Photo: Corinne DubreuilJohn Isner (USA)
John Isner has had an almost dream first half of 2012, reaching a career high of world No.9 in April while also leading USA into the World Group semifinals of Davis Cup by BNP Paribas with victory over France on the red clay of the Monte Carlo Country Club.
"I kind of had a feeling 2012 was going to be a good year for me, and so far it has been good,” remarked the American No.2 following a first round victory in Roland Garros. “For it to be really, really good, I've got to do well in tournaments such as this.”
This is all alongside the prospect of representing his country in the Olympics on the grass courts of Wimbledon.
“That's something that I've been looking forward to for a very, very long time because I missed out on the 2008 Games. I'm very fortunate that I'm gonna be on the team, and as far as it being played on grass, I think it makes it a little bit more special, in my opinion.
“The Olympic Games is obviously huge. It's really like the fifth Grand Slam this year. To have it at the mecca of tennis, really, at Wimbledon makes it a lot more special, in my opinion.”
Next up for Isner and Team USA in the Davis Cup semifinal is the ultimate test of a player’s ability as they travel to Spain who are unbeaten at home in the competition since 1999.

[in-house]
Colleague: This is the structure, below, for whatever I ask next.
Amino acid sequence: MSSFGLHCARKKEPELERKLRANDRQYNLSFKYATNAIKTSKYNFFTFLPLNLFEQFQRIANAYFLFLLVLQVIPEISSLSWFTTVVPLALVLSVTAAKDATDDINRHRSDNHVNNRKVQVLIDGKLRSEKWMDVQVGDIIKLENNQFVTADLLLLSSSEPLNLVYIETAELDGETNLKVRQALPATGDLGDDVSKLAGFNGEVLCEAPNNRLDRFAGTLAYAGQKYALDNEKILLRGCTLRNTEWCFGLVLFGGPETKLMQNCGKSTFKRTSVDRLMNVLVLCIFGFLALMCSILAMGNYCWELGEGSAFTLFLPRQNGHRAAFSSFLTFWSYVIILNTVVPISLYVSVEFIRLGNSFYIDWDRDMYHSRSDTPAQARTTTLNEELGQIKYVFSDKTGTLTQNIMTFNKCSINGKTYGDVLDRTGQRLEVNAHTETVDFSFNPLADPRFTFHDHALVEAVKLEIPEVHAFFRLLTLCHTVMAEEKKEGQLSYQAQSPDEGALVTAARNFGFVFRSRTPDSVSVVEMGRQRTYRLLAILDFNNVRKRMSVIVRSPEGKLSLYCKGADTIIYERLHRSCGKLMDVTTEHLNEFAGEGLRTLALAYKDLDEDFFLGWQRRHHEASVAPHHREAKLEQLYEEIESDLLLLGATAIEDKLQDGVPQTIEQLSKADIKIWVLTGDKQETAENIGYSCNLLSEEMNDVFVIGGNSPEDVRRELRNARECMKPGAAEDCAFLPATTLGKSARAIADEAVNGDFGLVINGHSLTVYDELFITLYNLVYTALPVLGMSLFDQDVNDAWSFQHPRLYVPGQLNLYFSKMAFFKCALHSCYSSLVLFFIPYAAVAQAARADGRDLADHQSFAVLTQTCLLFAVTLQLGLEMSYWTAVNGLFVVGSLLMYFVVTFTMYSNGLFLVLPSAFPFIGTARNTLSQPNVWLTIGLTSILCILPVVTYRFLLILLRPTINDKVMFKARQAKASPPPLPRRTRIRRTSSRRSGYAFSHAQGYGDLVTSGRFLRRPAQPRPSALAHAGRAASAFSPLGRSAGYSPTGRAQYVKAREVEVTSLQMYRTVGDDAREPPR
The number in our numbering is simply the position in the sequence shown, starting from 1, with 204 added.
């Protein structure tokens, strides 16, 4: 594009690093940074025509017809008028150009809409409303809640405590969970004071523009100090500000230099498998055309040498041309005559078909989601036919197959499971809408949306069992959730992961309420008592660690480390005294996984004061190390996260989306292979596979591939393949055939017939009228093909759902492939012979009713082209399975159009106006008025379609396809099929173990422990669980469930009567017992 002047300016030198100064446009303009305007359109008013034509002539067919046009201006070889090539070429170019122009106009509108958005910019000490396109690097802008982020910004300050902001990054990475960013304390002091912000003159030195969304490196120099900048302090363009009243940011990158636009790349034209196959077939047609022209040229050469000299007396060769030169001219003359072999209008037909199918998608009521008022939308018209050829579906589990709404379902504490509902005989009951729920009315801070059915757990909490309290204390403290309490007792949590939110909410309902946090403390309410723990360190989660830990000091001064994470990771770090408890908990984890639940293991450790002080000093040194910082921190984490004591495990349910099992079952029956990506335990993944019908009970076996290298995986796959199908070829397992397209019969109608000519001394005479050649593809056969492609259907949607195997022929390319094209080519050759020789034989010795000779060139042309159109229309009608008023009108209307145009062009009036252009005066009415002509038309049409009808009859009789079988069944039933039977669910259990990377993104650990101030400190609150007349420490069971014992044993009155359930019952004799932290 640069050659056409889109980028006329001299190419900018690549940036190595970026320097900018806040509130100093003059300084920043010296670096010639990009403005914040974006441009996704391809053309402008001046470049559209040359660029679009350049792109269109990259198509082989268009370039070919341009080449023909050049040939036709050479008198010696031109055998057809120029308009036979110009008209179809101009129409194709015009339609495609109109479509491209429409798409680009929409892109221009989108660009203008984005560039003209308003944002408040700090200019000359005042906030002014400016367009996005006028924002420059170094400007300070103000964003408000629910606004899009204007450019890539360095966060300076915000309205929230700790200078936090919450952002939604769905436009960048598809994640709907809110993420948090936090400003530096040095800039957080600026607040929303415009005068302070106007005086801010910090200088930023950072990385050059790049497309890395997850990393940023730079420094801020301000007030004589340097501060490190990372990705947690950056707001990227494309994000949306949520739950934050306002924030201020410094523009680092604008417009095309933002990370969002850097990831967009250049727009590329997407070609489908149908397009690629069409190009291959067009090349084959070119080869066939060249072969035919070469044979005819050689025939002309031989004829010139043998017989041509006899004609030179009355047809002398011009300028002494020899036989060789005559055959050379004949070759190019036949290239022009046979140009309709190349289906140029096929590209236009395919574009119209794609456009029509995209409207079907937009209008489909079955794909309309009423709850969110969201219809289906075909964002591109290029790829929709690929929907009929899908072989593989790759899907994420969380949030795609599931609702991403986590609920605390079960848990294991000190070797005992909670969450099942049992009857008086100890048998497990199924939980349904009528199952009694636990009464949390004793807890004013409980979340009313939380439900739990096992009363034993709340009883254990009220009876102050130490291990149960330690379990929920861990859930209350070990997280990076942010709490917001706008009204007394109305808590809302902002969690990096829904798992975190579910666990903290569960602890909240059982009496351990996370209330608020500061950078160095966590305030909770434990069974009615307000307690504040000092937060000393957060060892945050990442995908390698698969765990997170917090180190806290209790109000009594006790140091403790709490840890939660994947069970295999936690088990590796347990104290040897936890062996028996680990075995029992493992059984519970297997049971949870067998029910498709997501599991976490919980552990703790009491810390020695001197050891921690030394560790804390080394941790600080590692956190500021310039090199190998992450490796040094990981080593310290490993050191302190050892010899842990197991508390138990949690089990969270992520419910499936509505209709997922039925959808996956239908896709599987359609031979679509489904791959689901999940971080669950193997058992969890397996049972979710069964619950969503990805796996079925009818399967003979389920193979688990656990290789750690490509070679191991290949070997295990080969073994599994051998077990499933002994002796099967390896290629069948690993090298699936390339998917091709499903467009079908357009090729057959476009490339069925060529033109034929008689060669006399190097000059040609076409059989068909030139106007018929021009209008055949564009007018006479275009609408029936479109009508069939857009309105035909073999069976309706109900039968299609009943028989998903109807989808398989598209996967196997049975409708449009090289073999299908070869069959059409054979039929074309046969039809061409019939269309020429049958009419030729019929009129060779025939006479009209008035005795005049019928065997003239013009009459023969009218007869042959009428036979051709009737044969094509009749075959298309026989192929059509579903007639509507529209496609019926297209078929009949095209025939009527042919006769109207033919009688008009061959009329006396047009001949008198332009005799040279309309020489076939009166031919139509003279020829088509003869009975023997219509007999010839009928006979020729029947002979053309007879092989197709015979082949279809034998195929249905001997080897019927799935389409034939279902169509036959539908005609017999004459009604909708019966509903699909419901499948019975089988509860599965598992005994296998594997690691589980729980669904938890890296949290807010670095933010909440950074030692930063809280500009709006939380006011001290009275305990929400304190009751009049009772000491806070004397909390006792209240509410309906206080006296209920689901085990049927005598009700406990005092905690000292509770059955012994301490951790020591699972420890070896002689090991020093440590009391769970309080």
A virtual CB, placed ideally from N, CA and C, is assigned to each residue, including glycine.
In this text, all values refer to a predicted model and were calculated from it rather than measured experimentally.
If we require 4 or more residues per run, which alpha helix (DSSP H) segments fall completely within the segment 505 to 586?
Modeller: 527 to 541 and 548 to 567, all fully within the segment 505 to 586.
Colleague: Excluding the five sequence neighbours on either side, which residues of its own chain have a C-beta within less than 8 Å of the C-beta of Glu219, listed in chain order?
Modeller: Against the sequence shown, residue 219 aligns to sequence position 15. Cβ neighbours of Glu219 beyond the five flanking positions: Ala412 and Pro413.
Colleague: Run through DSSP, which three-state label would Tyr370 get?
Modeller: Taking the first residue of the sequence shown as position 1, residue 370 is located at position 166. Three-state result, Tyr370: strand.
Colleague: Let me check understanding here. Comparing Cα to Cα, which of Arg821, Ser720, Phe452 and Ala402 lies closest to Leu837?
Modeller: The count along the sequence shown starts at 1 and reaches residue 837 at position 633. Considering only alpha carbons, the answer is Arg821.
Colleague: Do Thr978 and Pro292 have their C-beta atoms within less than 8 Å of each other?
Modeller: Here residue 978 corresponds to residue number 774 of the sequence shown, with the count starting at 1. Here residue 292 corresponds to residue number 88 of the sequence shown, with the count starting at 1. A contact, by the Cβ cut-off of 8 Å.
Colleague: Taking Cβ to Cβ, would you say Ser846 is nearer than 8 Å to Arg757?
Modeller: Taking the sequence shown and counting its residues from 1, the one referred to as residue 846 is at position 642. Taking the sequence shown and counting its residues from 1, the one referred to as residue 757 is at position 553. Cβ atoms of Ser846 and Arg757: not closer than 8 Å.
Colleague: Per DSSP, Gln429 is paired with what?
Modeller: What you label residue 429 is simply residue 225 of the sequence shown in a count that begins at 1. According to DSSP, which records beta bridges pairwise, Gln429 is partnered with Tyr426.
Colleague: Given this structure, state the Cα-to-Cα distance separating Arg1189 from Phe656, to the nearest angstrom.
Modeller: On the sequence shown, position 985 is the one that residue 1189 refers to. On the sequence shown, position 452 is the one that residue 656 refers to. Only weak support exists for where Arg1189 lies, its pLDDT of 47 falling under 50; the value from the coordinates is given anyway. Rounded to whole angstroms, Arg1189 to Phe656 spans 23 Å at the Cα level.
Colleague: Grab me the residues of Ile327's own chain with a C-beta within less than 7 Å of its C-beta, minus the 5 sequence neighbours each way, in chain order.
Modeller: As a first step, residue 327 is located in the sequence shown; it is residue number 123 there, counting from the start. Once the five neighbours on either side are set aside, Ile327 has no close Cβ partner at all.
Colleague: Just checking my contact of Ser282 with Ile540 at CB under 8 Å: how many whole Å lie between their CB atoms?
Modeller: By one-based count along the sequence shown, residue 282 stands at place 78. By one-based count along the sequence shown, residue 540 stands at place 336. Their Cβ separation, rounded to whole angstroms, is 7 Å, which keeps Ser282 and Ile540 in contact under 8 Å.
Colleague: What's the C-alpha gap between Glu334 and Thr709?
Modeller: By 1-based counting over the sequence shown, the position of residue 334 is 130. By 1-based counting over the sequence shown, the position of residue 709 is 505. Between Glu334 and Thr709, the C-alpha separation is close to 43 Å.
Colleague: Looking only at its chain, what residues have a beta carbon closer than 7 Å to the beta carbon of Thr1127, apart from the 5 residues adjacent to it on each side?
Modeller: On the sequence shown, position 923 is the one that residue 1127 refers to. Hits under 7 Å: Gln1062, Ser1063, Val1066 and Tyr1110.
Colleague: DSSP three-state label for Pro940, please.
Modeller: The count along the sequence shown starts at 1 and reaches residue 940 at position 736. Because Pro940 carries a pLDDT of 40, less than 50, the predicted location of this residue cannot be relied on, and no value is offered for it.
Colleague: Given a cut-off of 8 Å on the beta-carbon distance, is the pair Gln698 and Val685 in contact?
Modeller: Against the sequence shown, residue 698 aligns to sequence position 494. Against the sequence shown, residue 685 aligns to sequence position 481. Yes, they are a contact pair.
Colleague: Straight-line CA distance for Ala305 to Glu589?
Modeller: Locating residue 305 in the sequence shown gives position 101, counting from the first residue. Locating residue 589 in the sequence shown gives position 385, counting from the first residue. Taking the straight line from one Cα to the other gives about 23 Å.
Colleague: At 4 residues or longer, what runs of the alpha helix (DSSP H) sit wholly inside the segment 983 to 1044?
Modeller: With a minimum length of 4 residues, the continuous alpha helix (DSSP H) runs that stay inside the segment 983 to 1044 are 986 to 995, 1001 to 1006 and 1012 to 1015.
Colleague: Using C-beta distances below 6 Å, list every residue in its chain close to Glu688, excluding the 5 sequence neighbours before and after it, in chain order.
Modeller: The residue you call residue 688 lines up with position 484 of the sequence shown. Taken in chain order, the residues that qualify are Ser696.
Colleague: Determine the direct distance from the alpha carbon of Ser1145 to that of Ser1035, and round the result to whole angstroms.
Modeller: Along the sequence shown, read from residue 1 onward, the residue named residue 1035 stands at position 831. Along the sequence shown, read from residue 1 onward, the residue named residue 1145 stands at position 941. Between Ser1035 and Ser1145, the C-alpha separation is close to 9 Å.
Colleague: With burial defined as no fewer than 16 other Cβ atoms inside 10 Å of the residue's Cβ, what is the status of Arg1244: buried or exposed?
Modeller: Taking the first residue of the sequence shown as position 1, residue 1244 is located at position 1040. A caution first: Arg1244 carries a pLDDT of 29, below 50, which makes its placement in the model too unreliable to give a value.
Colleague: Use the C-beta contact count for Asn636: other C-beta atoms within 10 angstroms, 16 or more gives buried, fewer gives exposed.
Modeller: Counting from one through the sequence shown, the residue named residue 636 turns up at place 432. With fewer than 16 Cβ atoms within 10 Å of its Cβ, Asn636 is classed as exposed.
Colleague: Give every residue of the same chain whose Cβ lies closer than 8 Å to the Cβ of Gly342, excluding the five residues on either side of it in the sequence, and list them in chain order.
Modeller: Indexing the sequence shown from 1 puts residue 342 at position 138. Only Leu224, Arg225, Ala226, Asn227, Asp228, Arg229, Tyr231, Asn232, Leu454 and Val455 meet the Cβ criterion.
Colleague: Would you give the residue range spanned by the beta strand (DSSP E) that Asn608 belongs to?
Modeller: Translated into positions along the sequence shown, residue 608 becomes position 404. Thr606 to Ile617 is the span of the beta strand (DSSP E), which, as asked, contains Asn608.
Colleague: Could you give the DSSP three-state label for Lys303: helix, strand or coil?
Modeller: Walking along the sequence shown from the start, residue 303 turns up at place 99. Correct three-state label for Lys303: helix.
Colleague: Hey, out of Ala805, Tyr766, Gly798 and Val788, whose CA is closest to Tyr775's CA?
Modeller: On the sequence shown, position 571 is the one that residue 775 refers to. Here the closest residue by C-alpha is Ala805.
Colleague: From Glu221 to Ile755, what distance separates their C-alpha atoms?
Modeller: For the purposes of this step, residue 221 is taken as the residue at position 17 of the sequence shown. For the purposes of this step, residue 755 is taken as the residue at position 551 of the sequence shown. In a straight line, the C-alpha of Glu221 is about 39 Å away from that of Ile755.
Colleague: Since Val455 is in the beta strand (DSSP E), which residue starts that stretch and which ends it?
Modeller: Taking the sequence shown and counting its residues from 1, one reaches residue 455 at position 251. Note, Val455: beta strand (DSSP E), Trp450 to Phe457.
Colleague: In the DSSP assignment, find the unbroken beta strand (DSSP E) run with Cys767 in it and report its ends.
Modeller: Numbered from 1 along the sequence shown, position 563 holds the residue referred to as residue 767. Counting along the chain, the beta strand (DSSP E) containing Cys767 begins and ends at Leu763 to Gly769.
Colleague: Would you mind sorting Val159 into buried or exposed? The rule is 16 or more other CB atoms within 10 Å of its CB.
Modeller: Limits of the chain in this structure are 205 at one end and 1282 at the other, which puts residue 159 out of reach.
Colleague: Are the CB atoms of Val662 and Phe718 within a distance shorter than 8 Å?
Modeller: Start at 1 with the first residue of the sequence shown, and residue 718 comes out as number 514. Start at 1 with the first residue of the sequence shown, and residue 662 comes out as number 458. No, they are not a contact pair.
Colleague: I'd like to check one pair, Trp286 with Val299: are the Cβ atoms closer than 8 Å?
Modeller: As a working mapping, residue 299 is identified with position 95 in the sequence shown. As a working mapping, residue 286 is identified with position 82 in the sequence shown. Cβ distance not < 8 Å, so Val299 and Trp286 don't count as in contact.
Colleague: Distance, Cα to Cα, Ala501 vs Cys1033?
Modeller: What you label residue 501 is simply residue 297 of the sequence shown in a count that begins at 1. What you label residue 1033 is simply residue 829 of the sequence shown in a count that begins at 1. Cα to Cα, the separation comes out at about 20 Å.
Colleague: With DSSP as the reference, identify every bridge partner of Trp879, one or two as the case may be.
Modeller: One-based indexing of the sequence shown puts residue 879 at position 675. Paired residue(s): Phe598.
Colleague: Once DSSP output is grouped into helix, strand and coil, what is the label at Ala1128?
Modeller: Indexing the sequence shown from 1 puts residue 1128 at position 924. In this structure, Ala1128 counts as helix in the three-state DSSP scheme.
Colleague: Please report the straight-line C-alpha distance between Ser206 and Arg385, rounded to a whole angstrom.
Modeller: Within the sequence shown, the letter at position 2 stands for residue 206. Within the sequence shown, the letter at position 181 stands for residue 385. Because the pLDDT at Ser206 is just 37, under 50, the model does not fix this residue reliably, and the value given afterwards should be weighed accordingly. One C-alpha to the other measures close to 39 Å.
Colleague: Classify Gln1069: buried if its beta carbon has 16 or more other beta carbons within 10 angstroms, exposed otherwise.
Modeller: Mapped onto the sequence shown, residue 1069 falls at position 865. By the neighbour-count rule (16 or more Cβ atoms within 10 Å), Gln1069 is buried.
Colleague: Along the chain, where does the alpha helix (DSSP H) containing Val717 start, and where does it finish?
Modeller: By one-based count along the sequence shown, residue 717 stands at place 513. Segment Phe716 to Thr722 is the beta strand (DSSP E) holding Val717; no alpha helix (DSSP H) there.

“Whenever captain Courier calls my name to play Davis Cup, I'm going to do it. I don't care where the team is going… I think if our team can go all the way, it will obviously be a huge accomplishment.”
Isner has already shown this year he is more than capable of producing results on the road in the competition.
A special performance against Roger Federer in a 46 63 76(4) 62 victory in the first round was backed up by victories against Jo-Wilfried Tsonga and Gilles Simon two months later, all of which came on arguably his weakest surface and the likely choice for the semifinal as well – red clay.
The American is keen to extol the virtues of all the titles up for grabs, viewing all the upcoming tournaments as of equal importance.
"I don't know if I can choose one over the other. I mean, winning a Grand Slam is what everybody plays for. Then winning the Olympics, that only comes around every four years. Then again, Davis Cup is also huge.
“I saw the guys win it (Davis Cup) in 2007, and I saw how just how happy they were and how it was just a huge accomplishment. We are pretty close to achieving that Davis Cup goal. Obviously we're not looking past Spain for any reason, but I think to be able to accomplish any one of those goals would be very special.”